Every year, right around this time, we get an iTunes event. After all, what better way of getting more iTunes-related goodness for your “back-to-school and holiday shopping? However, these events can be a bit hit-or-miss. Last year’s itunes event was somewhat less than exciting, with the only significant upgrade being with the iPod nano.
This year’s event, on the other hand, had a lot to talk about: a revamp of the entire iPod line, news about iOS 4.1 and 4.2, Some updates to iTunes and a new approach to the AppleTV. OWC Chris S. and OWC Michael watched through the whole presentation, and here’s what they came away with…
OWC Chris S: Apparently, these updates are more for those with an iPhone. Fixes for the proximity sensor…on the iPhone. That HDR photo option is cool…as long as you have a camera on your iDevice. HD video upload…same thing. TV show rentals? Maybe if you’re on the train, you can do it with an iPhone, but unless you’re somewhere with free WiFi, I’m thinking it’s pretty pointless if you have a Touch. As for Game Center… you need a network connection for that, right? Yeah… thought so.
Hint, hint, Apple… not everybody has a pervasive Internet connection.
OWC Michael: Proximity sensor bug fix completed? OWC Tim of OWC Radio will be so happy! Personally I can’t wait to play around with the HDR camera settings. Not every shot I take is worth spending time in Photoshop or iPhoto to enhance. This should make those shots look better on their own.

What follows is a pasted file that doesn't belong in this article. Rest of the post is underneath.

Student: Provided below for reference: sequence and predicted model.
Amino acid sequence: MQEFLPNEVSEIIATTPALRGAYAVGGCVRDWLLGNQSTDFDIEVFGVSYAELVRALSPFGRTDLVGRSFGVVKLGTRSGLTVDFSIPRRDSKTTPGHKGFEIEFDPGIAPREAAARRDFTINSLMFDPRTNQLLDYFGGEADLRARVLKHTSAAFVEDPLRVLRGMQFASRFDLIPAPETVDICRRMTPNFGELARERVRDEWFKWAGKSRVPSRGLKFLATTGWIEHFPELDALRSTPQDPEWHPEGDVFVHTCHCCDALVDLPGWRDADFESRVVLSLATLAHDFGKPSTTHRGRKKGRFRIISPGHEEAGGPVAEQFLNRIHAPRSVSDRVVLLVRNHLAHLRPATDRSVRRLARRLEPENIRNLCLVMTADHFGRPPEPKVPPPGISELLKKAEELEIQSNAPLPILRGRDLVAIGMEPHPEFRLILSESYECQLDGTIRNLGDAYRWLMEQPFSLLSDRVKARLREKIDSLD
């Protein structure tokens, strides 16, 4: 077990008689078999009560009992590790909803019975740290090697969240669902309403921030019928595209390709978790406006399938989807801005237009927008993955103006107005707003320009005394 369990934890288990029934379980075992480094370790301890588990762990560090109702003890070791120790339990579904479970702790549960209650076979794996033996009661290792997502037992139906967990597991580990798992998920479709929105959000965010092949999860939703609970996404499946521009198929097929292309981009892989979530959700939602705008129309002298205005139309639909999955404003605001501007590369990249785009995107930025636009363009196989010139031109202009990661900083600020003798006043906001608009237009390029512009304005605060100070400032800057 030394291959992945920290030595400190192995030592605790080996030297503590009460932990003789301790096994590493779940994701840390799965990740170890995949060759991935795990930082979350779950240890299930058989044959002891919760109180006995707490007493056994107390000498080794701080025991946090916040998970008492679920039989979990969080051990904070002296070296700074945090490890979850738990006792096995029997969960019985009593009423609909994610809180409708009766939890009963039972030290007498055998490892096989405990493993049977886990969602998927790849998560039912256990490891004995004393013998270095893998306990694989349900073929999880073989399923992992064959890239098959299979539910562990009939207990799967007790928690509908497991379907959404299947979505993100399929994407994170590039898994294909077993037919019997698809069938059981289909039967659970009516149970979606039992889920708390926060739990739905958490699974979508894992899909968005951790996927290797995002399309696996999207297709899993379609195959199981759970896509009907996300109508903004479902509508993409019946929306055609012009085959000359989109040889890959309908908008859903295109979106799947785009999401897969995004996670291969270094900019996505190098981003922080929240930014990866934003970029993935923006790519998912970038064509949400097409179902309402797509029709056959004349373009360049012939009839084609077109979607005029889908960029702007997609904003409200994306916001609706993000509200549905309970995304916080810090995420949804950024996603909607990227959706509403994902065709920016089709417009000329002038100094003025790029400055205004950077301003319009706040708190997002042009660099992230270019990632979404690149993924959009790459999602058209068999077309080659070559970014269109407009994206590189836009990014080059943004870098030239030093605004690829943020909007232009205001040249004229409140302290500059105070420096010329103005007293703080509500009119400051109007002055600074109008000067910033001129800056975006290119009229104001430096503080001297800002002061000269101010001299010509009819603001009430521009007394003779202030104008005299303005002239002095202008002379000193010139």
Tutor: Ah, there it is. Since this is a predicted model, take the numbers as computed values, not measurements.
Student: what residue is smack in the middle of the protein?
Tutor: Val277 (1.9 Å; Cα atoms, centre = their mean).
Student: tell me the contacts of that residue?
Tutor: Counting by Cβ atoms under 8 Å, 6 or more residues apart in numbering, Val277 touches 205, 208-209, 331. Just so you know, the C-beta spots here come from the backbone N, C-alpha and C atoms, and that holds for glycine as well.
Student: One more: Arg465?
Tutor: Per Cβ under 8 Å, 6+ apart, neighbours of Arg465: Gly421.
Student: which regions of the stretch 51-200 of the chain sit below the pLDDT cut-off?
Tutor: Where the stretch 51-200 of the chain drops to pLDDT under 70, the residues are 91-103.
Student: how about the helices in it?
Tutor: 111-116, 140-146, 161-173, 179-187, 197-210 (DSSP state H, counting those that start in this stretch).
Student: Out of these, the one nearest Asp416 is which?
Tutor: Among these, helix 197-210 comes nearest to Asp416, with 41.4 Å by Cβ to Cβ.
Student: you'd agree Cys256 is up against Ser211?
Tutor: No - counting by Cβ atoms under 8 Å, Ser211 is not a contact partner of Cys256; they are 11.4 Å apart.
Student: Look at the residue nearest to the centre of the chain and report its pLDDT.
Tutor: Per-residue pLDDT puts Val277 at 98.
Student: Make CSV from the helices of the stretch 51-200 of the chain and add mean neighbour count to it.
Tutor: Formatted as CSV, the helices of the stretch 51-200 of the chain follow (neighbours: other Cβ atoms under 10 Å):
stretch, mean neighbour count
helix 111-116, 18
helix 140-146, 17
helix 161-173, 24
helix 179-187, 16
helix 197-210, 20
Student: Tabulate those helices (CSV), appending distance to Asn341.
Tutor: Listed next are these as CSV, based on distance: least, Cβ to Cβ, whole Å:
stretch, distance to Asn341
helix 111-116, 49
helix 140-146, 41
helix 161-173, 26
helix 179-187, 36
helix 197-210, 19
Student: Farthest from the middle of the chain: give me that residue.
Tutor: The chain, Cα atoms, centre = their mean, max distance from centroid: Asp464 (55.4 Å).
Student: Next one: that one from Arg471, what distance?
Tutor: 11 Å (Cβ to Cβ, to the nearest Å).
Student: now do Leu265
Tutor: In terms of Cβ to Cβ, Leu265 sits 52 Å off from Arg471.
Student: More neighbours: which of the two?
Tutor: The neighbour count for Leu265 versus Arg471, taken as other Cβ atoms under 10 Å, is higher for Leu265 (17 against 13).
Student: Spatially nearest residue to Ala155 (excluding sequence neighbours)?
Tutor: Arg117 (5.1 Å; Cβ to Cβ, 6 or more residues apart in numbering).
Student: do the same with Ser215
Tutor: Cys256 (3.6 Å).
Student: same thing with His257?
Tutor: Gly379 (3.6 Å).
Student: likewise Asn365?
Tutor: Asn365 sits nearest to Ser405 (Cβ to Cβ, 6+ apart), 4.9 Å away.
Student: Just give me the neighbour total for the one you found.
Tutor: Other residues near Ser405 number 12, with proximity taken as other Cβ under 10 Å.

OWC Chris S.: I’m sure there’s some sort of redeeming value to this whole new “Ping” thing, but I have a feeling it’s going to be really tough to find – especially when half its features seem to base off of what you’ve purchased from the iTMS. For those who get their music elsewhere—like other music stores or (*gasp*) from actual CDs, something tells me this will be less than useful.
OWC Michael: As much as I’d like to offer up a counter-opinion to OWC Chris S here, I just can’t. I’m not excited about the release at all. I’m not interested in yet another social media outlet and none of the other features, including cluttering up a list view which I happened to like with album artwork, really sparked any interest in me. Of course, I’ll download and install it on a work machine to test it out and see if I can find anything I need or want, but so far it doesn’t look like this one is going to meet my existing iTunes library.
OWC Chris S.: HA! We finally got Steve to admit people want actual buttons on their players – especially if they don’t have a display! Now we’ve got an iPod shuffle that, apparently is close to the same form factor as the second generation (just with a stubbier body), but with Voice Over features of the third generation models. This is what they should have done last March.
OWC Michael: The buttons are back and its about time this thing got playlists. I’ve ever owned one of these devices, or bought them for anyone I knew. The shuffle always seemed to restrictive for me. I have a large music collection, but understand the idea of just needing a small portion of the library at a time. What I didn’t like was the randomness of the music – I like listing to rhythmic music when I work out – new age as I nap or relax, and loud jams when I’m mowing the lawn. Mixing the three together doesn’t make for a very enjoyable listening experience. Now that I could set a few playlists it seems it may be worth it, as the only way to avoid it before would have been to buy multiple shuffles or re-sync every time I wanted to change the music.